"Oh, God, please, please, make it end," says Louis-Dreyfus.

"Tomorrow is the same deal, right?" Seinfeld asks David, who nods.

At 11:15 they are told that there is still another hour and a half to shoot tonight.

"Another hour and a half," Seinfeld exhales. "That's hard to believe." In the next scene he breaks into giggles. "We've all just had it," he says.

"When is the cutoff?" Alexander asks.

"There is no cutoff," says Seinfeld.

A few minutes later, Alexander, Louis-Dreyfus and Richards huddle together. They wonder whether to simply stop. "Together!" says Alexander. "Remember how we rocked those negotiations! Stick with me now."

They do nothing. Louis-Dreyfus sighs. It'll never end. "At the end of the night," she says wearily, "we're going to decide, 'Do another season!'" But it is she who, at midnight, with three more scenes to shoot, acts unilaterally. "I quit," she says, standing up. "I'm going home."

"You're going?" says Seinfeld, evenly. "Now?"

The shoot is over for the day. I can't tell you much, but I can tell you this: From the set, Jerry Seinfeld will take, as keepsakes, the front door, the couch, the chair, the coffee table, the pictures on his apartment wall, a coffeeshop booth and the grip table used for readings. For now he'll put them into storage. "Maybe when I'm old, it'd be fun to set them up somewhere," he says. "I mean, really old. I'm sure to some of your readers I'm already old..."

Tuesday, April 7th

Today is quite an exciting day," Seinfeld tells me at lunchtime. "Today is the last day I go to work. I go to work, I leave work. Tomorrow is different. Tomorrow is insanity. Tomorrow is going to the moon." He got a little sad driving to the studio today. He was listening to the Billy Joel and Ray Charles duet "Baby Grand." (He looks slightly miffed when I tell him Billy Joel isn't quite my thing. "He's from Long Island," Seinfeld says. "There's so few people from Long Island.") And that song got to him. "It's about how everything in life has failed them, except for the piano."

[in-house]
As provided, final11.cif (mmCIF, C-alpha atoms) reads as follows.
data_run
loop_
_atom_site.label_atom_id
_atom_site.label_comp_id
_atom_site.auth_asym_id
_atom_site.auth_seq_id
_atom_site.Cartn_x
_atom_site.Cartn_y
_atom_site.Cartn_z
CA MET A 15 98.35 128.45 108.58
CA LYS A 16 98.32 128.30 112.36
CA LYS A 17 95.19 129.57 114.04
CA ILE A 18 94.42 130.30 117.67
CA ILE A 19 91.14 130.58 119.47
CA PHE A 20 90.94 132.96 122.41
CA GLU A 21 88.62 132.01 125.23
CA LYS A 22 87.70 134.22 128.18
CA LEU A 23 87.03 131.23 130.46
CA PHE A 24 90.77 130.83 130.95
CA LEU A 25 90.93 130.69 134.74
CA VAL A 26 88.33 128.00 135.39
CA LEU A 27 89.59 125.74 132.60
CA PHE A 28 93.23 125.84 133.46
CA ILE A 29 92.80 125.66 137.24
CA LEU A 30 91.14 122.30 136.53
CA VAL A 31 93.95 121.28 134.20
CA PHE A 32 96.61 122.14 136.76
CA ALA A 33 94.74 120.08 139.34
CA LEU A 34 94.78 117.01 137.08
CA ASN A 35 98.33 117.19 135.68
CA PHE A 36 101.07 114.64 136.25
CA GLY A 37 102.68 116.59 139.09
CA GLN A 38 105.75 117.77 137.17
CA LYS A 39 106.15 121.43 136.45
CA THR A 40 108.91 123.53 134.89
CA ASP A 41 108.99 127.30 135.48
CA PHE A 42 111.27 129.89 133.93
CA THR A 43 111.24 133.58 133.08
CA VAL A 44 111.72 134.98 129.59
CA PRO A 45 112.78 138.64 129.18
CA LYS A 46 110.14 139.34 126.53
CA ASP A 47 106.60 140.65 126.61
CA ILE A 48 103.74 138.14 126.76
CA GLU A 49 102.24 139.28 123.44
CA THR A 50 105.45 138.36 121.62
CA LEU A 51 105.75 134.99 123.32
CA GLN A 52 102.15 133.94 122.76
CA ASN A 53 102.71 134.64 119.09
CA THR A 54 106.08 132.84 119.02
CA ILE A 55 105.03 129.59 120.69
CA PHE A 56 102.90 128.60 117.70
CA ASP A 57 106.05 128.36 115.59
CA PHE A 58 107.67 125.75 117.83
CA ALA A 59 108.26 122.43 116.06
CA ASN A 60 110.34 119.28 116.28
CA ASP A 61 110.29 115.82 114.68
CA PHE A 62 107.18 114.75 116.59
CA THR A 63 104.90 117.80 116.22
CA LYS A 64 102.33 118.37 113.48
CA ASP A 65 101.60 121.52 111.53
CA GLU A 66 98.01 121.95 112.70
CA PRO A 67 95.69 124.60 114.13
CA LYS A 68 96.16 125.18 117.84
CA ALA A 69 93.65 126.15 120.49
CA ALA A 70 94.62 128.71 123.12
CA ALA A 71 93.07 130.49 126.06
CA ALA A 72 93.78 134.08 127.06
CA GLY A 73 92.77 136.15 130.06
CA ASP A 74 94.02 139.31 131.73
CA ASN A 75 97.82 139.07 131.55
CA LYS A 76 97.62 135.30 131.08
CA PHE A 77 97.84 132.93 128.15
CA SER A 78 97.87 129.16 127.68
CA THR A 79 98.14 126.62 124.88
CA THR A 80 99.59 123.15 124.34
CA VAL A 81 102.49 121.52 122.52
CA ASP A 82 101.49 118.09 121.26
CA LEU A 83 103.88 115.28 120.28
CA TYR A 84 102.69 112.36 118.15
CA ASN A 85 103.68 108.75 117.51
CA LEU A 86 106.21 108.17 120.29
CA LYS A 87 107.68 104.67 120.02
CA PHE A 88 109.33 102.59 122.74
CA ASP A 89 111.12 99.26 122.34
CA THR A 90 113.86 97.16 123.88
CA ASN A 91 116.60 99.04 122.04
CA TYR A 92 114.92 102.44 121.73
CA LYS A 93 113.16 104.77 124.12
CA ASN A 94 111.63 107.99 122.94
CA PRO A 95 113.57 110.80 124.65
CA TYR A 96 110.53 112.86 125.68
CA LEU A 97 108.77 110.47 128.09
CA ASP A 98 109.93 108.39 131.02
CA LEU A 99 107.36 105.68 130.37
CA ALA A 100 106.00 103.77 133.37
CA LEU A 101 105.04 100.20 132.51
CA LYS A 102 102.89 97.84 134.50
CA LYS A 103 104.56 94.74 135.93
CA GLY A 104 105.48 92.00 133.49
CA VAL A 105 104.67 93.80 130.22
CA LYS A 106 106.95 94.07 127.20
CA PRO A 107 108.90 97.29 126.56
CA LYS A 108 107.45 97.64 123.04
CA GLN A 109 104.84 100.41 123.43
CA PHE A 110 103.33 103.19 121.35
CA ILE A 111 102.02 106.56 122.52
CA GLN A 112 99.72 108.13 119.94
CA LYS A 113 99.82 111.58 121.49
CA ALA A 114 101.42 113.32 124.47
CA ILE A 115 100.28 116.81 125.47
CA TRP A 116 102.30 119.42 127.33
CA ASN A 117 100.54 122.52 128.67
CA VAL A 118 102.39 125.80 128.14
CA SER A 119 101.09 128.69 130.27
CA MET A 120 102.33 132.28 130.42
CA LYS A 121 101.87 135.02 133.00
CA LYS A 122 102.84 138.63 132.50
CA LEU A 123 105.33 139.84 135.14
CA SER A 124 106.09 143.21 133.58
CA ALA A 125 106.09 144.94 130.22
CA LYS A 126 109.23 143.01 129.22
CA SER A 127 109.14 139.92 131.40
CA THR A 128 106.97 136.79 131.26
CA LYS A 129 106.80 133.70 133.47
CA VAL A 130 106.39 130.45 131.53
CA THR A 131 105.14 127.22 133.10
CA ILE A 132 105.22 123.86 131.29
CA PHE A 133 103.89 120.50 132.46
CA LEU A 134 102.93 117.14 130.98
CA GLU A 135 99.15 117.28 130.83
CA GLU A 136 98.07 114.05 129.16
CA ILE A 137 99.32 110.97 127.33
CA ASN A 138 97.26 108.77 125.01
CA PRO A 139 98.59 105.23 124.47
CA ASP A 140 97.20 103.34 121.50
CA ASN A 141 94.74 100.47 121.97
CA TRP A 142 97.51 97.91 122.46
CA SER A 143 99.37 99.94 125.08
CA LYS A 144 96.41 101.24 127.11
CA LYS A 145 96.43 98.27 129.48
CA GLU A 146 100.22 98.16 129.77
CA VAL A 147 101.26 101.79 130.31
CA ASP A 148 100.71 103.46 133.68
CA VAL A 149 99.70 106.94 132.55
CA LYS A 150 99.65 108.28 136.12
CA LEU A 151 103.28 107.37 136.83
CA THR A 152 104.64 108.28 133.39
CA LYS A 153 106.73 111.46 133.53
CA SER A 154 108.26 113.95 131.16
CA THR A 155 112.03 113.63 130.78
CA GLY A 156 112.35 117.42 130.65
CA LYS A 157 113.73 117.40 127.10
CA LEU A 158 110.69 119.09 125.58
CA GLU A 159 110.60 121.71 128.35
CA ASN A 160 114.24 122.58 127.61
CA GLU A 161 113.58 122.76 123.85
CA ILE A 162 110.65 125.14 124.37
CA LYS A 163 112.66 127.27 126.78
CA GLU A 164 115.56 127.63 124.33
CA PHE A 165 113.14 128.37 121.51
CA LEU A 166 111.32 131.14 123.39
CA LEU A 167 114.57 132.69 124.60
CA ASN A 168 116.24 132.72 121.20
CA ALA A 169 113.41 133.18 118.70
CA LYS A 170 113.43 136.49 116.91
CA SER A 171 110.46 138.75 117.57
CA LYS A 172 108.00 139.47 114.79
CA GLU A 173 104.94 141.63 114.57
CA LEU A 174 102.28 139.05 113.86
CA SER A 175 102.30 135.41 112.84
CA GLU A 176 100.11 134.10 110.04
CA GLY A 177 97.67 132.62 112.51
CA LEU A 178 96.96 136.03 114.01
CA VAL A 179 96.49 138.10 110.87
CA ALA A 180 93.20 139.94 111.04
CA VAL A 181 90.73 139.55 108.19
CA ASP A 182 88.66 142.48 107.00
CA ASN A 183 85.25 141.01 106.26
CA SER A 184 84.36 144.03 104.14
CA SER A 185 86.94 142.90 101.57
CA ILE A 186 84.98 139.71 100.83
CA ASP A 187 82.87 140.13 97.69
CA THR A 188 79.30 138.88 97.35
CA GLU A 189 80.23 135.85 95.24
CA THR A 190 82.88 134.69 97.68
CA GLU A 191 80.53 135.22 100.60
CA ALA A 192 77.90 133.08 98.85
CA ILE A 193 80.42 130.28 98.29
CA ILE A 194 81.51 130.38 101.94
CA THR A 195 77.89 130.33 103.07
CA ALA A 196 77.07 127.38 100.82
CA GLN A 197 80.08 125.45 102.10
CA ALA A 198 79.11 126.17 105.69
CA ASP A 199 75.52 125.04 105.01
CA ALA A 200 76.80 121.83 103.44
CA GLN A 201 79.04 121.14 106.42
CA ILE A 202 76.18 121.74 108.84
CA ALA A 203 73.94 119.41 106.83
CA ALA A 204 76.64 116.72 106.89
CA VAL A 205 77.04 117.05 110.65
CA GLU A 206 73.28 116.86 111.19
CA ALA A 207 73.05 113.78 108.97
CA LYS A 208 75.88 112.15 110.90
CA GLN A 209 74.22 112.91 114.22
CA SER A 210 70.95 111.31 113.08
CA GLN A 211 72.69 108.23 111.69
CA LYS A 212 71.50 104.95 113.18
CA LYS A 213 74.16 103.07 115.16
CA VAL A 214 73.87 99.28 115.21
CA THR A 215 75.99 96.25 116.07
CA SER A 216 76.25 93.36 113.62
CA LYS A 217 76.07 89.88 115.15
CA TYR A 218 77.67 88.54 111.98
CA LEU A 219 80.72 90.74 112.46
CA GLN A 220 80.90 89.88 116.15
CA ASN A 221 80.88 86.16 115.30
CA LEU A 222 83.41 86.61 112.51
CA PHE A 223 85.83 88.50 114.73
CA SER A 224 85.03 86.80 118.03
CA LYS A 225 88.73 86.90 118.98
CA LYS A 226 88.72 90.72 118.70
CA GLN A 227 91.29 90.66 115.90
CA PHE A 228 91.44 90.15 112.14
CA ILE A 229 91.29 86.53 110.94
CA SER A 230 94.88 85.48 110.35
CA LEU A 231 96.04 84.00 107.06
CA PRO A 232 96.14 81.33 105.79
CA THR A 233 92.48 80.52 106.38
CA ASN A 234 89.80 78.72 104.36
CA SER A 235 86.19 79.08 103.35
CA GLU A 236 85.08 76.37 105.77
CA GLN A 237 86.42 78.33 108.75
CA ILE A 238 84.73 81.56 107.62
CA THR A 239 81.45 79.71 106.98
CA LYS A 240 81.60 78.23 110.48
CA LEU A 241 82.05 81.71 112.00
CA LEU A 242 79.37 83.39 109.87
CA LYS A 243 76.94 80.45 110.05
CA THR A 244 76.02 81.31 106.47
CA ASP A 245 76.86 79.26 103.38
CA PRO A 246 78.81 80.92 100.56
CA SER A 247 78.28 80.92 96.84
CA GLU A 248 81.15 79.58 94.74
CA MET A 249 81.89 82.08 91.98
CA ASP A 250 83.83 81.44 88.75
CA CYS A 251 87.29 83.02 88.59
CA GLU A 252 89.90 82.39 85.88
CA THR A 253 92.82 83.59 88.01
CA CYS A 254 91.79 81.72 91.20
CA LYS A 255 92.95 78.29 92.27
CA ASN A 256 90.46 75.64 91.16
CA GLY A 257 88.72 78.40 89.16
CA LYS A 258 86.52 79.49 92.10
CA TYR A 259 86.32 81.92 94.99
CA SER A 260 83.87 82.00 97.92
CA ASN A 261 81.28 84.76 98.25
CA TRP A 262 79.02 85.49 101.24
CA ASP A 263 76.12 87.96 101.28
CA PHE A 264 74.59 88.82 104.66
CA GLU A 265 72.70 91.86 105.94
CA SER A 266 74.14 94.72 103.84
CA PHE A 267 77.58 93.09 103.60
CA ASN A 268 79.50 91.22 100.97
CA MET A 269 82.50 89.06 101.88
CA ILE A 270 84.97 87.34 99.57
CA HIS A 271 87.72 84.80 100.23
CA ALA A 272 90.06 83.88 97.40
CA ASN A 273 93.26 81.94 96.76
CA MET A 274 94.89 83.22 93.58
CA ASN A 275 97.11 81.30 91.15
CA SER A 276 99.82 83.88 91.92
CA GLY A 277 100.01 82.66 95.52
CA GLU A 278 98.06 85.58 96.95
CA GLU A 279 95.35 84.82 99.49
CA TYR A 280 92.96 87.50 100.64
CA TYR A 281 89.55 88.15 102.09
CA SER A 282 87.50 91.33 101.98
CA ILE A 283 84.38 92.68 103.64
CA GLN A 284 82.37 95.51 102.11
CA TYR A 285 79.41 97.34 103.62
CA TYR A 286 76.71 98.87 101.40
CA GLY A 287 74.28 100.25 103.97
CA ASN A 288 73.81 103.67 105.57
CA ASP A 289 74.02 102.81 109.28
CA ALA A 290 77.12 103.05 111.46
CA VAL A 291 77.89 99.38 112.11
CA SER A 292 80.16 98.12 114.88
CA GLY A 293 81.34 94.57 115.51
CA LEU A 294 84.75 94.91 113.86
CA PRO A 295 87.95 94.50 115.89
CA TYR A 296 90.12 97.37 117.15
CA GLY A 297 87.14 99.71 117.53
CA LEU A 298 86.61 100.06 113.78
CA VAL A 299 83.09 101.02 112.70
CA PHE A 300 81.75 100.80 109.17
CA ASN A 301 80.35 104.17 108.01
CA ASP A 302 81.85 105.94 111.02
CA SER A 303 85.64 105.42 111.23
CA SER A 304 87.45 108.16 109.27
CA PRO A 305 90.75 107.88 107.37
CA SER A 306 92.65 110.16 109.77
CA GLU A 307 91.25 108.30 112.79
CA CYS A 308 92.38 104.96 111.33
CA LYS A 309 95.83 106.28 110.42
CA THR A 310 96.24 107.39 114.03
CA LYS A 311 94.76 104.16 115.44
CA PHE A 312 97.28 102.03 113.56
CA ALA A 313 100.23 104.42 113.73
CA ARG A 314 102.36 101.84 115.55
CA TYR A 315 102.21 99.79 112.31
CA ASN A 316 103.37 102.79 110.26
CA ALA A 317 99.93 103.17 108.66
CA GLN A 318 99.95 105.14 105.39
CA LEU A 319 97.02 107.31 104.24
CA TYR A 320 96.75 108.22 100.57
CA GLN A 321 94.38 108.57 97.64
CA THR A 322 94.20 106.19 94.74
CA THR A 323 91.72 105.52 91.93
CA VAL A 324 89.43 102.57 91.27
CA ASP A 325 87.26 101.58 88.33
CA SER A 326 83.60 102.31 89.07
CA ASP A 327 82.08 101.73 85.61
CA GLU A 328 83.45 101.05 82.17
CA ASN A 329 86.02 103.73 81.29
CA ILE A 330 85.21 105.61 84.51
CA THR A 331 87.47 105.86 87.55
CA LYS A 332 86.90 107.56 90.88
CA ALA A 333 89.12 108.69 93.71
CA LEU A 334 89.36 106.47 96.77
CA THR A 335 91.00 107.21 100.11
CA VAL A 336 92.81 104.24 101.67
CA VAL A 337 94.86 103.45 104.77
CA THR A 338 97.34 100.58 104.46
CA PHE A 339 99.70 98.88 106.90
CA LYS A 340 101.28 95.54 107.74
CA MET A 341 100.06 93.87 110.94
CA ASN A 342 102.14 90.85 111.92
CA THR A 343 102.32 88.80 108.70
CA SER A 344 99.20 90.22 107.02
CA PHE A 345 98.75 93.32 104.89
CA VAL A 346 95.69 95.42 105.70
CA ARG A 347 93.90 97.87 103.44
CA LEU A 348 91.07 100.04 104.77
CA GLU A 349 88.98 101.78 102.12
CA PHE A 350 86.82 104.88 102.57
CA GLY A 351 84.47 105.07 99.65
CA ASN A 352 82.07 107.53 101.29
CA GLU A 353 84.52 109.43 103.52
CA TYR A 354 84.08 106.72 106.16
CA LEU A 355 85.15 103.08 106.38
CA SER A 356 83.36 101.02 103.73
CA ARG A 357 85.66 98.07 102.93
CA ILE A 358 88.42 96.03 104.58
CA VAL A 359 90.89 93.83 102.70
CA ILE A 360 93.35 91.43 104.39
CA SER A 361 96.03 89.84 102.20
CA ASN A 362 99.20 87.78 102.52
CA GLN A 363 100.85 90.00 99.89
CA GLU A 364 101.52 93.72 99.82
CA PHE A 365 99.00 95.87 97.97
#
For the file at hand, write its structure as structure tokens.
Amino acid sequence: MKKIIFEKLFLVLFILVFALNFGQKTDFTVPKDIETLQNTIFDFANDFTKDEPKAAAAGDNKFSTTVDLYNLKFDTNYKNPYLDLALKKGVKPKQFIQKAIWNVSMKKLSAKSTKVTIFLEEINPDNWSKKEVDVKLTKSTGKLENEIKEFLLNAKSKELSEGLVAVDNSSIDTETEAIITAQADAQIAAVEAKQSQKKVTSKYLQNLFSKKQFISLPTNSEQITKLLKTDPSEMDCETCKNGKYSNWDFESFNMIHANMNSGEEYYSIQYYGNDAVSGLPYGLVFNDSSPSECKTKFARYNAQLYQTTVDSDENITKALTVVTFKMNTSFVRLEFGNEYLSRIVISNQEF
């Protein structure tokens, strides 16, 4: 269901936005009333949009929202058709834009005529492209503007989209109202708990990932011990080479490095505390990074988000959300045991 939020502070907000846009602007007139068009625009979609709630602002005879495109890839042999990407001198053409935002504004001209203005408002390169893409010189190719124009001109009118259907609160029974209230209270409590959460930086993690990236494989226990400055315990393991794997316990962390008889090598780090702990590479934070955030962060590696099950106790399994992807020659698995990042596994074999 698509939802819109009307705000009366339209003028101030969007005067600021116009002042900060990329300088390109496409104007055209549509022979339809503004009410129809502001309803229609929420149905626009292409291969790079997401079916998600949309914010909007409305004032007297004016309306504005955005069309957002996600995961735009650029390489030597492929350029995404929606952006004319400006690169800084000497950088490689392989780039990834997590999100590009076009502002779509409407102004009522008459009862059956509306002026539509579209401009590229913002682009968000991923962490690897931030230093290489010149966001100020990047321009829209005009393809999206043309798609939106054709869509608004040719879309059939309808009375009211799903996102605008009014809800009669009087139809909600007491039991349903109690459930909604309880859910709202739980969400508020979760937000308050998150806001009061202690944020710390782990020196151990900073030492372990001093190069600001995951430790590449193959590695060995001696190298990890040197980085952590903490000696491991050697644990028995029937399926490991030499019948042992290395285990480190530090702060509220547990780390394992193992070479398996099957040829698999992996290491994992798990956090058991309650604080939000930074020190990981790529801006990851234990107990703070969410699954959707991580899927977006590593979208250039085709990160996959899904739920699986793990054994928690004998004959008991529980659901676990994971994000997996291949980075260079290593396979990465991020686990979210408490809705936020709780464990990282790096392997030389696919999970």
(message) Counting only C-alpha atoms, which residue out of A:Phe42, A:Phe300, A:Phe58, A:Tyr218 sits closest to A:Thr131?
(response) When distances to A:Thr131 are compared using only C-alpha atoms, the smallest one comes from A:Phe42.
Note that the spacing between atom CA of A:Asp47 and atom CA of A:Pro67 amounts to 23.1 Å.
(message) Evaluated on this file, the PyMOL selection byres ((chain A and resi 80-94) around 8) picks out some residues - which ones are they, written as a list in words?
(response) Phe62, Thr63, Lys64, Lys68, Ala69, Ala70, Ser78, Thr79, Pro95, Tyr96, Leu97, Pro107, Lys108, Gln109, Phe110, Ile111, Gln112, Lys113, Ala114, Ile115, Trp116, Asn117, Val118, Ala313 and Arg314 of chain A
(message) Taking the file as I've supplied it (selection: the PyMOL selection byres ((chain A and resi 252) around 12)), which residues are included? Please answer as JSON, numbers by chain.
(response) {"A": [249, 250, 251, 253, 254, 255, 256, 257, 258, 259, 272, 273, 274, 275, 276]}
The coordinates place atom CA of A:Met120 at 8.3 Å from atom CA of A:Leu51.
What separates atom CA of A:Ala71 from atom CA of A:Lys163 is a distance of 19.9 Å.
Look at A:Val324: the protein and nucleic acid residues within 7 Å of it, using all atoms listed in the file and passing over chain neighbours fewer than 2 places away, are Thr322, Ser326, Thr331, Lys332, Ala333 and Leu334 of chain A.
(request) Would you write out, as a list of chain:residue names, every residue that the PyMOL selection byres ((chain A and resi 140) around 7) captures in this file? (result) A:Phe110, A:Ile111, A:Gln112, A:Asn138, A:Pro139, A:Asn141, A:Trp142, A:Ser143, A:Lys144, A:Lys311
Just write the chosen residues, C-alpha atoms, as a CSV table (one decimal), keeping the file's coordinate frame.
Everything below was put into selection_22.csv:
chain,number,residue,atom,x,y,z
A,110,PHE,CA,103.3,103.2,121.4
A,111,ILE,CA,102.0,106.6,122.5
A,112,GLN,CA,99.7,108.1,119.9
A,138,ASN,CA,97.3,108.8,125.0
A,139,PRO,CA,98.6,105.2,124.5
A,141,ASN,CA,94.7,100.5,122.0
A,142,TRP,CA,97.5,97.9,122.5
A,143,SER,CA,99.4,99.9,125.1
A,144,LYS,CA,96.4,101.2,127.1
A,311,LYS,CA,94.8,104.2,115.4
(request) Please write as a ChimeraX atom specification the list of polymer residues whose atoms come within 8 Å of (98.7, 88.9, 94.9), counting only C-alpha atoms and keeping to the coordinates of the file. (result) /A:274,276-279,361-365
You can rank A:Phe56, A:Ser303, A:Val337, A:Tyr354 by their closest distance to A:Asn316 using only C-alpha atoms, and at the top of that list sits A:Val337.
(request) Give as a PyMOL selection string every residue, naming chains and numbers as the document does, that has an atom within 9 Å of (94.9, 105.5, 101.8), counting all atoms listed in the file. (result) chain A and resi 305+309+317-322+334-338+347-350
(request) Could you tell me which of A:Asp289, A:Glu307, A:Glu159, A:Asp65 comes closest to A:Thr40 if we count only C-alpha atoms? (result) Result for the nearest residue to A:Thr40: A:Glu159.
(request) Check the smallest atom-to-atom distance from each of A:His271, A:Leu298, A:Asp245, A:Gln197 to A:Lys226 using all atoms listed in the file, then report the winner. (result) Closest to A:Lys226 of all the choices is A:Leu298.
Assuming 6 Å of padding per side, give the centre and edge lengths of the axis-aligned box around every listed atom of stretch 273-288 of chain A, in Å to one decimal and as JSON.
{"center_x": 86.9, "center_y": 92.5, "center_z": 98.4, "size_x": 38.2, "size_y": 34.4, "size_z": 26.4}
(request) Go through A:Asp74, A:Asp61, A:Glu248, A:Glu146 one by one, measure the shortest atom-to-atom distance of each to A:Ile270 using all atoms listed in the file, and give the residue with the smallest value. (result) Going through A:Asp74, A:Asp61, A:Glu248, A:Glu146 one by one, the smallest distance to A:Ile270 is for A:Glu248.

I ask Seinfeld what the equivalent of the piano is in his life.

After saying that it doesn't quite apply to him – not everything has failed him – he answers. "Bits," he says. That's the Seinfeld speciality. Not large pieces of anything. Bits.

They shoot a scene, but they can't hear some of the dialogue.

"We could do with a monitor in here," Seinfeld suggests.

"Also," says Richards, straight faced, "some kind of vibrating chair would be nice."

There is a key line of dialogue near the end of the episode that doesn't satisfy David. He puts his head together with some of the show's writers. (Many of them have been hanging around during these last days, just because they can.) David himself comes up with a better alternative, then Alec Berg trumps him.

"That's a great line," says David. But he foresees a possible legal problem. "I don't know if we're allowed to do it."

"Do yours too," Alec suggests, "and we'll have an option."